I keep it low and point it down at about a 75 degree angle. My 40 miles of trail has me crossing a number of streets, and I want to be visible at each crossing.
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Old 06-17-19, 06:15 AM
  #14  
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I honestly don't care about the brightness, but using the strobe on paths is a stupid thing to do. It's absolutely impossible for the human pupil to adjust to that. This is basic science. I see you much better without the strobing, and any claim otherwise is based on complete ignorance of the functioning of the human eye.
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Old 06-17-19, 06:23 AM
  #15  
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Originally Posted by Al_in_NH View Post
If my lights annoy you it's because you see them. If you see them you wont run into me. If you don't run into me, I will enjoy my ride more than if you do.
Not true. Some of them are so bright I have to shield my eyes with my hand. That would make it more likely that I run into you. Also, your bright light may confound my ability to see other riders behind you.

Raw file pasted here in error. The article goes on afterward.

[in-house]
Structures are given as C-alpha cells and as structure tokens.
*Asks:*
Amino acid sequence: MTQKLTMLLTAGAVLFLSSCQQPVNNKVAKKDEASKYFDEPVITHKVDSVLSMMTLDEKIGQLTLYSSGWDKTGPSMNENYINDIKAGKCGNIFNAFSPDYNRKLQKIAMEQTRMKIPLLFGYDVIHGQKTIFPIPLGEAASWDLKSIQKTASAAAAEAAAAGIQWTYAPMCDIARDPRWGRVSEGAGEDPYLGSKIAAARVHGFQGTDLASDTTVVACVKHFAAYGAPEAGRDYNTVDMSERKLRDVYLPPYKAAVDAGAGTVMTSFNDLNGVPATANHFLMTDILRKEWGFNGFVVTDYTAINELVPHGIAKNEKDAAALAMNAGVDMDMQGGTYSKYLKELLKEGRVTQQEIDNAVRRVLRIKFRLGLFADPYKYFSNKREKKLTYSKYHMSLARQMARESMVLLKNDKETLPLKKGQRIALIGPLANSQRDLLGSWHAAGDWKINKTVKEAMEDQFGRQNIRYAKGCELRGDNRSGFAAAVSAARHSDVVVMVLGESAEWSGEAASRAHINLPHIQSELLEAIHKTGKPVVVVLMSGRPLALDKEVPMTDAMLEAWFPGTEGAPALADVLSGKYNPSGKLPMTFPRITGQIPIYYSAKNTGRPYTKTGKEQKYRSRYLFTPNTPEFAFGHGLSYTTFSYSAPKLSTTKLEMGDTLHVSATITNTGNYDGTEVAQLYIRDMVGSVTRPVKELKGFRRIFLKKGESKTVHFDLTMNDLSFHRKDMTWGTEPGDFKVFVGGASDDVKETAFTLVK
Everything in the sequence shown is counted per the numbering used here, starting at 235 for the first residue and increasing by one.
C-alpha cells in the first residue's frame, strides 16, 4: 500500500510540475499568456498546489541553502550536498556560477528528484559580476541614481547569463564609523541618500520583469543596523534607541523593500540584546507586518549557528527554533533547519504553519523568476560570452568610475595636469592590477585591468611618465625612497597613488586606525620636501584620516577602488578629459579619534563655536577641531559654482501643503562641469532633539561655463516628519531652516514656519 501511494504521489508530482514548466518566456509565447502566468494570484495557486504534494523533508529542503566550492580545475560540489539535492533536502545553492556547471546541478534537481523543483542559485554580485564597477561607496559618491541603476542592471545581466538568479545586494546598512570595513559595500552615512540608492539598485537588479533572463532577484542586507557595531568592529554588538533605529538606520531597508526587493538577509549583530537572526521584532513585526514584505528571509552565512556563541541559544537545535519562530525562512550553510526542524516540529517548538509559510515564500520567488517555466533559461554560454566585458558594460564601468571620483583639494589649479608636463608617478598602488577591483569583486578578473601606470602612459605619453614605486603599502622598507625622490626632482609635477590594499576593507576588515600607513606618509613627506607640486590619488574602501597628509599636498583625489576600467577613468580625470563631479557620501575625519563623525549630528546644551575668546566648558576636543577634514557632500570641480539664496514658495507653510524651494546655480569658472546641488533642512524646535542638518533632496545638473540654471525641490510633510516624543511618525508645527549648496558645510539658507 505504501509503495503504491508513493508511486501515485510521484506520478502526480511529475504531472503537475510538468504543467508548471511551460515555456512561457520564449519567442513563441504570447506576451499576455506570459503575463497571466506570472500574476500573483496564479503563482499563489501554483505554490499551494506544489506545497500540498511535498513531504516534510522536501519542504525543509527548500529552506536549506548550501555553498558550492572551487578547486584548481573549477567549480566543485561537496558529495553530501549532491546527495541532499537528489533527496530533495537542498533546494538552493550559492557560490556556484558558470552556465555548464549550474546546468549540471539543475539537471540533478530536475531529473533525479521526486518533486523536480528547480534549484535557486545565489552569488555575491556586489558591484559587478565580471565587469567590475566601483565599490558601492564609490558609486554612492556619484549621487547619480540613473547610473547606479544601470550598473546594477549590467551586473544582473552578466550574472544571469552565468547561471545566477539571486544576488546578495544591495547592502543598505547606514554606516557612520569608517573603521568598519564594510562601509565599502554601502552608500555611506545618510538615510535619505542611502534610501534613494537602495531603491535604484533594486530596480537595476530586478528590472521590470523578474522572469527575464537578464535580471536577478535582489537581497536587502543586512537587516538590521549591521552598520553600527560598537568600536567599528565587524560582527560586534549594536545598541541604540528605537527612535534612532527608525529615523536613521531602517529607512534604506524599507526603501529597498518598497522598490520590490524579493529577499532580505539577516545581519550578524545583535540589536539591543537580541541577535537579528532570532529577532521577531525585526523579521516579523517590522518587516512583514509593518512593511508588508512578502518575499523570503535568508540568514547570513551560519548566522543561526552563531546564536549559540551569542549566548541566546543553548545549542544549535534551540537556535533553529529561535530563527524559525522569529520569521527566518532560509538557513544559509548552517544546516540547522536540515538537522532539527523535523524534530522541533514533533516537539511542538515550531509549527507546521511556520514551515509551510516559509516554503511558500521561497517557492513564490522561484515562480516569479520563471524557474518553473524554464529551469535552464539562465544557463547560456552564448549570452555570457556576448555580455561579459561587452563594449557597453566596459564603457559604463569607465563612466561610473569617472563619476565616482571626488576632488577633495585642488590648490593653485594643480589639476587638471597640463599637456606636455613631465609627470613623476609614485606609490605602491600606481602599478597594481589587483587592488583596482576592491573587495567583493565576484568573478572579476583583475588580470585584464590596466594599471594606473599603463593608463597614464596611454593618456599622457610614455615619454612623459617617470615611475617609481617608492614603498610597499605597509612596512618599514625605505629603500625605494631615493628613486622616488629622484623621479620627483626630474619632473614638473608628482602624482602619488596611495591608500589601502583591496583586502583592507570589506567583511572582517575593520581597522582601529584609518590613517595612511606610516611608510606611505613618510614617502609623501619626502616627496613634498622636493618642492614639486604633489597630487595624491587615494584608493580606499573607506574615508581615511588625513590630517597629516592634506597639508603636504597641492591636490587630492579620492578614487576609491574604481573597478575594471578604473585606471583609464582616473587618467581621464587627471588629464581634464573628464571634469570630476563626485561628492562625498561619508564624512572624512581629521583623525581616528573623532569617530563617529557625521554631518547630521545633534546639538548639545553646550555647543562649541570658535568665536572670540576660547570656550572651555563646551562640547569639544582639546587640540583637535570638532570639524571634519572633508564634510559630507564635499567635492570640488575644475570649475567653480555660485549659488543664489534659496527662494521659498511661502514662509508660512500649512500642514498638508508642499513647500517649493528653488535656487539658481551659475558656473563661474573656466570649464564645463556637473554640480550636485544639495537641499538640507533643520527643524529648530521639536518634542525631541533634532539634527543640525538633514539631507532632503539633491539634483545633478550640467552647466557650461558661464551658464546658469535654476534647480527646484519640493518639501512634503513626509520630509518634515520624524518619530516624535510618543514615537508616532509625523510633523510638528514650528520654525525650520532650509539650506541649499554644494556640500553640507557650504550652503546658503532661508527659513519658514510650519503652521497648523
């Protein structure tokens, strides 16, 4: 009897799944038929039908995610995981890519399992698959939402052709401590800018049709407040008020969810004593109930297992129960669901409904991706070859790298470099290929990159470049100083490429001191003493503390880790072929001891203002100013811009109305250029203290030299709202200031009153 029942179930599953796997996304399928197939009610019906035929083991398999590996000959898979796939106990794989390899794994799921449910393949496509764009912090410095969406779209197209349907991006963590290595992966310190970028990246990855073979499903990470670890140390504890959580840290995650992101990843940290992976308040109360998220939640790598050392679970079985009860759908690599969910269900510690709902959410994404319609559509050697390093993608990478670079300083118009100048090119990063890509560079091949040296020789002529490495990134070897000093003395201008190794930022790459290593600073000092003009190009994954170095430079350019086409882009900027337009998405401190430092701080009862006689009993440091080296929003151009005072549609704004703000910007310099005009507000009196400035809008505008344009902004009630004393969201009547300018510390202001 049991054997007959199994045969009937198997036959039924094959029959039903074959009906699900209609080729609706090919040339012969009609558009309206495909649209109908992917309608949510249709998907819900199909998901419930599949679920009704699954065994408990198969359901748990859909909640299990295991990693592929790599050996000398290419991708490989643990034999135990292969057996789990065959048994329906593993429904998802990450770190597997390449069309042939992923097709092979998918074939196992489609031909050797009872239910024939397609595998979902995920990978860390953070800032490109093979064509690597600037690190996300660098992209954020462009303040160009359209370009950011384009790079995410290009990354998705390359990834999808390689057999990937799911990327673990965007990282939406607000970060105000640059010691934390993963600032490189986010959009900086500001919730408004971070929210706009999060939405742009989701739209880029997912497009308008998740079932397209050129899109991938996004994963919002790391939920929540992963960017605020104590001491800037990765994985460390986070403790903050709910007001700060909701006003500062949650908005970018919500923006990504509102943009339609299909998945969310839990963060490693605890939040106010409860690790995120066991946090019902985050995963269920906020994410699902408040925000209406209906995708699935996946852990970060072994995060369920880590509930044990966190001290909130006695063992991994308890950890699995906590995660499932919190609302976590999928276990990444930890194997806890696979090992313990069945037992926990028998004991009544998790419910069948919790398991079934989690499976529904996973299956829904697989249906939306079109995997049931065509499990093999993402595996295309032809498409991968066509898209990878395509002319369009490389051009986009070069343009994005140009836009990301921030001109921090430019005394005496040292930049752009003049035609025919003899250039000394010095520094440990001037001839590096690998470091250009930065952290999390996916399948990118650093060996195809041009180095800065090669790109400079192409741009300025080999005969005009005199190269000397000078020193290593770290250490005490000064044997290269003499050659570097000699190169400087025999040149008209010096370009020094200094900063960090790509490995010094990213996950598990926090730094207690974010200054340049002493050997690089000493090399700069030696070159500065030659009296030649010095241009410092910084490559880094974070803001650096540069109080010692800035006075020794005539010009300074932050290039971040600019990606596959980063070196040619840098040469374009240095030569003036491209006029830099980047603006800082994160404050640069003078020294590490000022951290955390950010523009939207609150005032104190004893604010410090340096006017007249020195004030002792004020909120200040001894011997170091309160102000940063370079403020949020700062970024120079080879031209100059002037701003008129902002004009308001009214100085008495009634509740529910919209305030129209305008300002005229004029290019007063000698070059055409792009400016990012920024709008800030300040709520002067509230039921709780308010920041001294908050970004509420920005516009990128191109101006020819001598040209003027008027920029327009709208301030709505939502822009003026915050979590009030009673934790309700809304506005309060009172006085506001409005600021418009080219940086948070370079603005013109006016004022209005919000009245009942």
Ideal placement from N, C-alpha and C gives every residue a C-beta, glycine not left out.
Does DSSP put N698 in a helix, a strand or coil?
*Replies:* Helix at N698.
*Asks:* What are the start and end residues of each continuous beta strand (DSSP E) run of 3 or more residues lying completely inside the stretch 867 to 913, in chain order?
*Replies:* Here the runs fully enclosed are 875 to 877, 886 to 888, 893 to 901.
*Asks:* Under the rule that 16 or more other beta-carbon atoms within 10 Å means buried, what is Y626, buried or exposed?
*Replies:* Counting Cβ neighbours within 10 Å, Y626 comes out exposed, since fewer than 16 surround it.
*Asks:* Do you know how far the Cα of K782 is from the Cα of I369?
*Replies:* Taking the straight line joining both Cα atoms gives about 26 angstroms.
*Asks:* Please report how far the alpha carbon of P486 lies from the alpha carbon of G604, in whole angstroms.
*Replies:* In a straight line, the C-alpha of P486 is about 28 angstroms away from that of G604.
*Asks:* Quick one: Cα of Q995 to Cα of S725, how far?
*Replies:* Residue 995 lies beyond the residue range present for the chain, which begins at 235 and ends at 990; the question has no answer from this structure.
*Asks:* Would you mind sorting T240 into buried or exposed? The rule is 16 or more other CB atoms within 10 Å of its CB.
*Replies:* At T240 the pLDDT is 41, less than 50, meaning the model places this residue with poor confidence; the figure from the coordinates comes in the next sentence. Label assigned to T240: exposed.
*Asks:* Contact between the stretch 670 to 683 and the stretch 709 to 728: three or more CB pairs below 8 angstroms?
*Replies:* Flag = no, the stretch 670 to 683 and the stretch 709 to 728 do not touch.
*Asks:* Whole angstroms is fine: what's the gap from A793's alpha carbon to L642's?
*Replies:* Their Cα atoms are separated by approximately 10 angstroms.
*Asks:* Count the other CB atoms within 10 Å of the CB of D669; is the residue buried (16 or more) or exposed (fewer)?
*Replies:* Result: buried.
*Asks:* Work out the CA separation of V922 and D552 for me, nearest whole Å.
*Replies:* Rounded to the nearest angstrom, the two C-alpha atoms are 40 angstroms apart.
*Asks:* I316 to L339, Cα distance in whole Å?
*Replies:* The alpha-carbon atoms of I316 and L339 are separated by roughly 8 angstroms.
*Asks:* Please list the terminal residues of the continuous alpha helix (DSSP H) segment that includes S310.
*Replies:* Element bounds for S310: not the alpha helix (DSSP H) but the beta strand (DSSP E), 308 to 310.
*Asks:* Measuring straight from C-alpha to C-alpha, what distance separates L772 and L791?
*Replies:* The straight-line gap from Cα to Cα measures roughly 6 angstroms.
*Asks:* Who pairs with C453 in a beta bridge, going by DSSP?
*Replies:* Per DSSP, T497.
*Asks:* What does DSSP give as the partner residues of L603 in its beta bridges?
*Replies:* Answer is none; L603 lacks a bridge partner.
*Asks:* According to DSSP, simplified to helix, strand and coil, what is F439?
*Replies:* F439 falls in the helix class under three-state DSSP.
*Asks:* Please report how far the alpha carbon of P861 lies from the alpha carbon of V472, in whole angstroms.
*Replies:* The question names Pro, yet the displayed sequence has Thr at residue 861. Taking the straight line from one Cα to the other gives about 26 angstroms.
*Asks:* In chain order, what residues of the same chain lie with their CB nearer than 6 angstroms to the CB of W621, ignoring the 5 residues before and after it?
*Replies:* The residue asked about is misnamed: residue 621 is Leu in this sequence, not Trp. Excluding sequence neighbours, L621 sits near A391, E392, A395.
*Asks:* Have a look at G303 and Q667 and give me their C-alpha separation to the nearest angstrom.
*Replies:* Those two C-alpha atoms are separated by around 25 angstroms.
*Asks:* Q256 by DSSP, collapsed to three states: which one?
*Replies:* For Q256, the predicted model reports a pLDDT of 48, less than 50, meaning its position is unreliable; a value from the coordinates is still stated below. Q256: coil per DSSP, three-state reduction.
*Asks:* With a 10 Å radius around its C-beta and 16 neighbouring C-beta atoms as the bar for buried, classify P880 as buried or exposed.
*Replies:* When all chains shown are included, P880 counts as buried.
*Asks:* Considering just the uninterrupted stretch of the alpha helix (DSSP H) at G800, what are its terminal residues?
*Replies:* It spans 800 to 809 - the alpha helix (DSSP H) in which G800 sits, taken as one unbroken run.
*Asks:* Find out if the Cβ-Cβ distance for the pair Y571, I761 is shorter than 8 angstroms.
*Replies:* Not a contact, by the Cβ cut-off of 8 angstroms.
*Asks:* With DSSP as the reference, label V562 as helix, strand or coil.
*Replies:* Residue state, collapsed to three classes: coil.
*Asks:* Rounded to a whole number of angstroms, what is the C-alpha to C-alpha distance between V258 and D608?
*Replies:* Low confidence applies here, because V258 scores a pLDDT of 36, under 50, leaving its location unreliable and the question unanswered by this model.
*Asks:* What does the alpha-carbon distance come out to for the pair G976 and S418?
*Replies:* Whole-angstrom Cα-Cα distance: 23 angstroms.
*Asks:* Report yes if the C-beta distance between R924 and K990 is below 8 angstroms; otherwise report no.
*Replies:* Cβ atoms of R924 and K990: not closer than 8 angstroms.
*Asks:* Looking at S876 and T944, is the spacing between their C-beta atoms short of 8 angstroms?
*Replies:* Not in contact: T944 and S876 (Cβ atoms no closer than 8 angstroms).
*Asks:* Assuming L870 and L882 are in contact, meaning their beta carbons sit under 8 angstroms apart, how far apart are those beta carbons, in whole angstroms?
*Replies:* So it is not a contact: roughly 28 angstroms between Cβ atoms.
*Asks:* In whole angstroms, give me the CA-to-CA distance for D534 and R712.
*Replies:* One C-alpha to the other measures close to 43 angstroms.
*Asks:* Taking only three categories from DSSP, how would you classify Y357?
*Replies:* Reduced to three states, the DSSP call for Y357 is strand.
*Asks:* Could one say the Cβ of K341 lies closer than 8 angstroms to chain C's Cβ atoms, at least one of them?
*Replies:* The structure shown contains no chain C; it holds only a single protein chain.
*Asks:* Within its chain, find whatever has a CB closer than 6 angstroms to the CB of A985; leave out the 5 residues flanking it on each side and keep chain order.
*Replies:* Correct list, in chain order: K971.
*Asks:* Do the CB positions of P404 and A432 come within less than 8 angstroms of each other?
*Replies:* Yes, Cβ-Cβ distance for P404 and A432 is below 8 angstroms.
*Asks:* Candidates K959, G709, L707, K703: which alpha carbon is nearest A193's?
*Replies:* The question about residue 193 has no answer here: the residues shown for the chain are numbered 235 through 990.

I have never not been able to see a non-illuminated rider on an MUP, so is there really a point to strobes other than to annoy? Less annoying than bluetooth speakers playing whatever soundtrack the rider thinks he or she needs to fulfill their projected life, but that's another thread.
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Old 06-17-19, 07:31 AM
  #16  
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I run a headlight in the early morning when it is still fairly dark, particularly if there is also a cloud cover. However, I always point it down so the beam hits the path about 6 feet or so in front of me. During the day, I will run it on flashing because, like others here, there are parts of the trail that are fairly dark due to overhanging trees and high backyard fences. I always appreciate when I see others on the trail with a flashing headlight, (even runners), because it makes it much easier to see them. Plus there are others who will castigate you for NOT running a headlight at all times. So, since I am "damned if I do and damned if I don't," I choose to run it.